How Should We Remember?
by David Mathis
I remember it so distinctly from my childhood—that early-morning glow on the doorframe of my father’s study. I had just stumbled out of bed and was still groggy. As I would come around the corner into the kitchen, I’d turn and see on the far end of the room that his light was already on, streaming into the hallway. Dad was reading Tabletalk and poring over his Bible, remembering the promises of God.
Over the years, he had made a habit of making a beeline for God’s Word first thing in the morning, to hear His voice in the Scriptures and respond back in prayer. It left an indelible impression on me in my youth, and it still moves me today to know that dad prioritized Jesus, not only in word, but in his everyday routine, especially when he first awoke. He cultivated the “habit of grace” of going first to God, to feed on the words of life and to remember his utter dependence on the Lord in prayer.
He lived the truth that where our habits are, there our hearts will be also.
The Means of Remembrance
When God calls us to remember Him, He doesn’t send us out to blaze our own trail and create our own avenues of approach—at least not at the level of principle. He has revealed to us His appointed means in the Scriptures. He has not kept secret the regular, everyday, ordinary channels of His grace. He has shown us where we can look to receive His ongoing power for the Christian life. He leaves open countless practical habits for our various personality bents and seasons of life and context in history, but His primary avenues for sacred remembrance are these: hearing His voice, having His ear, and belonging to His body.
What practices did the early Christians develop after the Spirit came at Pentecost? “They devoted themselves to the Apostles’ teaching and the fellowship, to the breaking of bread and the prayers” (Acts 2:42). Word, prayer, and fellowship (more about “the breaking of bread” below)—these are ways that God fuels health and strength in the Christian life, from the first days of the church, throughout history, and into the twenty-first century and beyond. And our own “habits of grace,” then, are the particular practices we create and develop in our own lives for accessing these three timeless channels.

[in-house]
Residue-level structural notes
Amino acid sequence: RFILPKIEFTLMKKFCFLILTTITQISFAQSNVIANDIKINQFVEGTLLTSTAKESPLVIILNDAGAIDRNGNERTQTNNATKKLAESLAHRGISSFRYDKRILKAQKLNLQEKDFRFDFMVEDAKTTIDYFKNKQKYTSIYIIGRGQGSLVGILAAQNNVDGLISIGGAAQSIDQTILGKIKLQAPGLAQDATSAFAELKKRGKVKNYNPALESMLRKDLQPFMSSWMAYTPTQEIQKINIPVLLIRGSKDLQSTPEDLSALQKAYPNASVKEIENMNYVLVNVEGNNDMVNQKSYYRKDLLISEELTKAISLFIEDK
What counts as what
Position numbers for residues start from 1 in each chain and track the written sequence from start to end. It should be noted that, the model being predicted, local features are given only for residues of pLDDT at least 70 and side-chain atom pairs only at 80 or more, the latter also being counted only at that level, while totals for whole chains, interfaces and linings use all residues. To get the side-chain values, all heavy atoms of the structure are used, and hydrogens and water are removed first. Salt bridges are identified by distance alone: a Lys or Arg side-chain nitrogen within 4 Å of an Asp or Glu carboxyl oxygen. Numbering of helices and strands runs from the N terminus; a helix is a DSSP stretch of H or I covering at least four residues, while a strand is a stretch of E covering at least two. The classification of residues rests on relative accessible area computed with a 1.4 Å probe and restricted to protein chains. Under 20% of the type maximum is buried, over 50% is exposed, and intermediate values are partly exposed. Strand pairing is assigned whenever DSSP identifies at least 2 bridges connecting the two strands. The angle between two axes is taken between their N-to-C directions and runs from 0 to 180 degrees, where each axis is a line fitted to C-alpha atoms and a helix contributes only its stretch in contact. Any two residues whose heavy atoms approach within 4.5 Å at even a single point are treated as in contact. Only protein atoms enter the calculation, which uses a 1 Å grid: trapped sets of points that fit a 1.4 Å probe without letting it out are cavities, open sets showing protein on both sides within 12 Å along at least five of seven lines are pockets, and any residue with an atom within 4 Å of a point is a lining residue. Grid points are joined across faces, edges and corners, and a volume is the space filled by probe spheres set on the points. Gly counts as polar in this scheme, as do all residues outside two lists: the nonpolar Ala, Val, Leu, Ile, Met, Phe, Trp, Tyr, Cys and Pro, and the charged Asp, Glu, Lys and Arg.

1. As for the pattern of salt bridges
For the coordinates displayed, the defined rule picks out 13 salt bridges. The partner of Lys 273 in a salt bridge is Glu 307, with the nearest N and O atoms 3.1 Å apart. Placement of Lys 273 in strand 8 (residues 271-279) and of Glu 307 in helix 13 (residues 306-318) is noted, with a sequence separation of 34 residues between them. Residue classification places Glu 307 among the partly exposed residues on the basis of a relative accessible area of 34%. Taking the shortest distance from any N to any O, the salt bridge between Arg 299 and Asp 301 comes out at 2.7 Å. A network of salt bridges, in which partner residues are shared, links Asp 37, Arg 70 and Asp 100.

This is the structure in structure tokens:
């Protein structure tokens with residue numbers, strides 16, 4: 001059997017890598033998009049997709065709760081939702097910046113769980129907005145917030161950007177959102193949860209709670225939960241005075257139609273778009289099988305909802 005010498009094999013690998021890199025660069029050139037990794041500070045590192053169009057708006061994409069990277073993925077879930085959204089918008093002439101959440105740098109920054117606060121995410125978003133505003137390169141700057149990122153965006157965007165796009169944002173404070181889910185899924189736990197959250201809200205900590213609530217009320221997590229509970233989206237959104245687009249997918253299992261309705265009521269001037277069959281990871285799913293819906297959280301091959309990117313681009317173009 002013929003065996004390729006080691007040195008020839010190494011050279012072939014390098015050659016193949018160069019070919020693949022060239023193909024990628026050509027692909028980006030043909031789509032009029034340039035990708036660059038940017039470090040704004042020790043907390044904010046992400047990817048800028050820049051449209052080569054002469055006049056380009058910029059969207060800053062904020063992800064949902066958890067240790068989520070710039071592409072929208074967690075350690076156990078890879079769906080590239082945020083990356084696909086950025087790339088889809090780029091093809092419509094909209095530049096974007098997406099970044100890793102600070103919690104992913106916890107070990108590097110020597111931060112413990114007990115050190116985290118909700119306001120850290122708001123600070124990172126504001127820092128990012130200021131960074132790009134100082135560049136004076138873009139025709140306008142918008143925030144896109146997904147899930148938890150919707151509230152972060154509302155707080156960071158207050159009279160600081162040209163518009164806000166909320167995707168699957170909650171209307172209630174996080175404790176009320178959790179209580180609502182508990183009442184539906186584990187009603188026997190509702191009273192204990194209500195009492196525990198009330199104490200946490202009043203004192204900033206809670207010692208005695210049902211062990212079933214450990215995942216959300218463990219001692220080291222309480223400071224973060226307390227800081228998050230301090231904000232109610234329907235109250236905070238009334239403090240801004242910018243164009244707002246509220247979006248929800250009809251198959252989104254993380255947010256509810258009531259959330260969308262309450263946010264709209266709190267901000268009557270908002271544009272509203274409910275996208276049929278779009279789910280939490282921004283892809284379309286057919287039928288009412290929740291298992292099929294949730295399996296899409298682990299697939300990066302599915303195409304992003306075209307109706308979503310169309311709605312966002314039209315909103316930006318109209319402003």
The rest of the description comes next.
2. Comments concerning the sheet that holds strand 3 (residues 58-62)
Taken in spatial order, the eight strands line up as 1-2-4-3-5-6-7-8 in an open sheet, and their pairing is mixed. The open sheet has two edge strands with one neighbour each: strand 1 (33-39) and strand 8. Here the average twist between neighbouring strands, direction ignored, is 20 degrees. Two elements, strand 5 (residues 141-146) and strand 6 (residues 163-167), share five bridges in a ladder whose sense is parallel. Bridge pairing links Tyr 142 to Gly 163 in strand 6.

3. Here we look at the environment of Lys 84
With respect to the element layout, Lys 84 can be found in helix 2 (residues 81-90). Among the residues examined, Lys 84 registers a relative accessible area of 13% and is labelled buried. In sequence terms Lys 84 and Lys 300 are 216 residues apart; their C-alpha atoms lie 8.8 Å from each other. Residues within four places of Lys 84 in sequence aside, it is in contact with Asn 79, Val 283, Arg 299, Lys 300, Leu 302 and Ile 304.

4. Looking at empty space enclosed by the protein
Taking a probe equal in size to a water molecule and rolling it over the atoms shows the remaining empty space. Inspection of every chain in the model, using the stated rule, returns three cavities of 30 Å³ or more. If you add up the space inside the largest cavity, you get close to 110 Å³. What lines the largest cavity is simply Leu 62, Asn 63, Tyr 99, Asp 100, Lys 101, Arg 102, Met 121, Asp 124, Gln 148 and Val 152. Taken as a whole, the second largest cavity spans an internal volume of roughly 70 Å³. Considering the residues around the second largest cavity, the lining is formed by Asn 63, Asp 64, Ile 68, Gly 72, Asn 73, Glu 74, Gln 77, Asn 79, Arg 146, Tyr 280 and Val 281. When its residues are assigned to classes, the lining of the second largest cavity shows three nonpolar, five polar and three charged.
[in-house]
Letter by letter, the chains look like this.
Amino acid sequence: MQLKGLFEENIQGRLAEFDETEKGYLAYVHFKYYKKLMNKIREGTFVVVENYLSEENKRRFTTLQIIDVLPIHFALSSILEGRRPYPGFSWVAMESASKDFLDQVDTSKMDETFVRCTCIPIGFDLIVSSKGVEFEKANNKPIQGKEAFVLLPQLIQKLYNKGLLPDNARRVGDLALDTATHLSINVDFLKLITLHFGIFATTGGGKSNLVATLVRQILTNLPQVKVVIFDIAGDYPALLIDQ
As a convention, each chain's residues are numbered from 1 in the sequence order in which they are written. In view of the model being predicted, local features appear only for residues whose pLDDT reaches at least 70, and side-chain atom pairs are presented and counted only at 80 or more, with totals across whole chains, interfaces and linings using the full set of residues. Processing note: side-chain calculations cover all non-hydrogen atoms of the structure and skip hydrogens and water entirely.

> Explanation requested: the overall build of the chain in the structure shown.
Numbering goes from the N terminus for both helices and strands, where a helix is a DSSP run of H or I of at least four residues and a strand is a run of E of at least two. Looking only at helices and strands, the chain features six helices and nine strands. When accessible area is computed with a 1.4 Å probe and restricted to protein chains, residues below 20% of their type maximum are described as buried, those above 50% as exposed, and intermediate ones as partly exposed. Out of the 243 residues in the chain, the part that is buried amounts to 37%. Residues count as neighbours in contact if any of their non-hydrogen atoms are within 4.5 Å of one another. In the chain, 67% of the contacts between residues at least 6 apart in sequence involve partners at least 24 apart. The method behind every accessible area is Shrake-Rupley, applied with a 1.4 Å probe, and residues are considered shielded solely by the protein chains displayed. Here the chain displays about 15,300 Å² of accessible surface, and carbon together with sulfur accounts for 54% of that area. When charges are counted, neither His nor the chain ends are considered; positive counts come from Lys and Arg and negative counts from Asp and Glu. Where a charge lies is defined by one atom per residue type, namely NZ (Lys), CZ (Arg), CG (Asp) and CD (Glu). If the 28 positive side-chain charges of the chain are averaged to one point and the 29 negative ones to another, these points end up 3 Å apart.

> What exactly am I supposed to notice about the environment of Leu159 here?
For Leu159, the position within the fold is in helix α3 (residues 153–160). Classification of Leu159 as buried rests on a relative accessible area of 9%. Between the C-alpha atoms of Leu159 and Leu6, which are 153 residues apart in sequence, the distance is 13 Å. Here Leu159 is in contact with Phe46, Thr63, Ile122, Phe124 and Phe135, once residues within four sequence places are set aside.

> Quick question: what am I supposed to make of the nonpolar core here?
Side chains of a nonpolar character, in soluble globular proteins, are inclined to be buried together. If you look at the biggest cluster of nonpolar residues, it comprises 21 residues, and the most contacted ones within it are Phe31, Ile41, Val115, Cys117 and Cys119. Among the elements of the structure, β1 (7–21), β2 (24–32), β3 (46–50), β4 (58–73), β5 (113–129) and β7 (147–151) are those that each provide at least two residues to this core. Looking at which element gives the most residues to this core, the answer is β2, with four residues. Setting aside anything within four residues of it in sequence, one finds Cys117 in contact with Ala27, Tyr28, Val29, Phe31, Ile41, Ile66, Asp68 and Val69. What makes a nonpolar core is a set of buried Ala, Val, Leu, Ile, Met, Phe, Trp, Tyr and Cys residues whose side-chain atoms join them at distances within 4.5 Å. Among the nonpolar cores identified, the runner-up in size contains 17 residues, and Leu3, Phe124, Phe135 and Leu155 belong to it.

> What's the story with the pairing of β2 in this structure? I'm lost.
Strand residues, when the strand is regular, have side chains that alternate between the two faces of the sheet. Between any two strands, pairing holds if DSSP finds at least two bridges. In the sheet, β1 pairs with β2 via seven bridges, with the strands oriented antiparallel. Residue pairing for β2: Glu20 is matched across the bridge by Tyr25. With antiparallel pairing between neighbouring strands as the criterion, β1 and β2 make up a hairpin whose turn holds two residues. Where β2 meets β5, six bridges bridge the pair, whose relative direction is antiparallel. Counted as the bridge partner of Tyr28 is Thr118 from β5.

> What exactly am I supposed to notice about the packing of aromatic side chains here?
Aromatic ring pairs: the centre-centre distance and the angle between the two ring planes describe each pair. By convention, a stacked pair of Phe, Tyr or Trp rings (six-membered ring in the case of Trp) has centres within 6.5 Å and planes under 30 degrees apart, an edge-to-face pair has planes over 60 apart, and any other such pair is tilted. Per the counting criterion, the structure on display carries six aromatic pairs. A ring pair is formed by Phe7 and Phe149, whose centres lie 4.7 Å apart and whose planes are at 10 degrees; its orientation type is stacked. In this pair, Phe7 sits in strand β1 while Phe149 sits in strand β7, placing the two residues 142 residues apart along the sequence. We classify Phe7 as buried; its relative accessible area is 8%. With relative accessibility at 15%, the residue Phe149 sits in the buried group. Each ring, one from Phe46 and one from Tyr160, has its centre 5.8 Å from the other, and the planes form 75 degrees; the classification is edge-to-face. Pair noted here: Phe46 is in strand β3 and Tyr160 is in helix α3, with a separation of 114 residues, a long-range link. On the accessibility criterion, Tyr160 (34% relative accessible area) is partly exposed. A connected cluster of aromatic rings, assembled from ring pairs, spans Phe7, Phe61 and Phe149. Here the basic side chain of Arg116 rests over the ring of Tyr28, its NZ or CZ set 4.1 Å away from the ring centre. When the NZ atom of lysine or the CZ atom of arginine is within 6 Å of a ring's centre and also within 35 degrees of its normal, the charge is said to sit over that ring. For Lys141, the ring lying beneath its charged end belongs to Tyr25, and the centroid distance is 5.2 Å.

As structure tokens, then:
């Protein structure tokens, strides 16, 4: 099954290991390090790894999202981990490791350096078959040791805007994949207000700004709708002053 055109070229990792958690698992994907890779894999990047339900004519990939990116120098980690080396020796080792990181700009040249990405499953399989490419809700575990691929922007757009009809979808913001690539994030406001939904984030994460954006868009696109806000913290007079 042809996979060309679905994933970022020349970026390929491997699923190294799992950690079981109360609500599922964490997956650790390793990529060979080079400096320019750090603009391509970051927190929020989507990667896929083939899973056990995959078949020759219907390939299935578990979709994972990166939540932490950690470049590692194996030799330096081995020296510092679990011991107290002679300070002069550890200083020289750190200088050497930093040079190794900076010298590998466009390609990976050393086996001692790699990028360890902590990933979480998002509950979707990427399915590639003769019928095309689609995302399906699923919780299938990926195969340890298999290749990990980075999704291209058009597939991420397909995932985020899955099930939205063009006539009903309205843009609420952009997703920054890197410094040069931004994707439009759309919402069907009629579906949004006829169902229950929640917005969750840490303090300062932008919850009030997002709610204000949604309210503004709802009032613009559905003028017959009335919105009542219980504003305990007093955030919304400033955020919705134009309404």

Word: Hear His Voice
The most basic means of God’s grace is His Word. He is a talking God. It can be easy for us to take for granted this stunning and remarkable grace: God has not left us in the dark about His person and His ways, but He has revealed Himself to us. He has communicated Himself to us not just in His created world (Ps. 19:1; Rom. 1:20) but in His redeeming Word.
Ultimately, He reveals Himself in His Son, the incarnate Word, the capital-w Word (John 1:1, 14; Heb. 1:1–2), the fullness of God dwelling bodily (Col. 1:19; 2:9). But He communicates Himself also in His spoken word, the gospel (Eph. 1:13; Col. 1:5), the message about His incarnate Word and the rescue He secured and provides for sinners. And God speaks as well in His written Word, the Scriptures (2 Tim. 3:15–4:2). His inspired and inerrant speech through the mouths and pens of His anointed prophets and Apostles (Eph. 2:20; 2 Peter 3:2) is preserved for us as an “external word” (as Martin Luther called it)—a fixed, objective record of God’s revelation to humanity, namely, the Bible.
If we are to “remember Jesus Christ” (2 Tim. 2:8) and daily experience the grace and power that come from the Holy Spirit from doing so, it is vital to seize upon the opportunity to saturate our lives with the words of life in the Bible. This will mean cultivating habits of regular Bible reading, study, and meditation, but especially hearing the Word preached regularly in corporate worship. It can also mean making the most of other avenues for hearing God’s voice in the Scriptures, whether through reading Christian publications, conversing with fellow believers about matters of substance, or even the intentional use of podcasts, social media, and articles online. As we witness and partake in the sacraments also, we experience God’s Word as it is made visible to us.
We will want to become lifelong learners of God’s grace to us in Christ. Such intake then leads naturally to the output of prayer.
Prayer: Have His Ear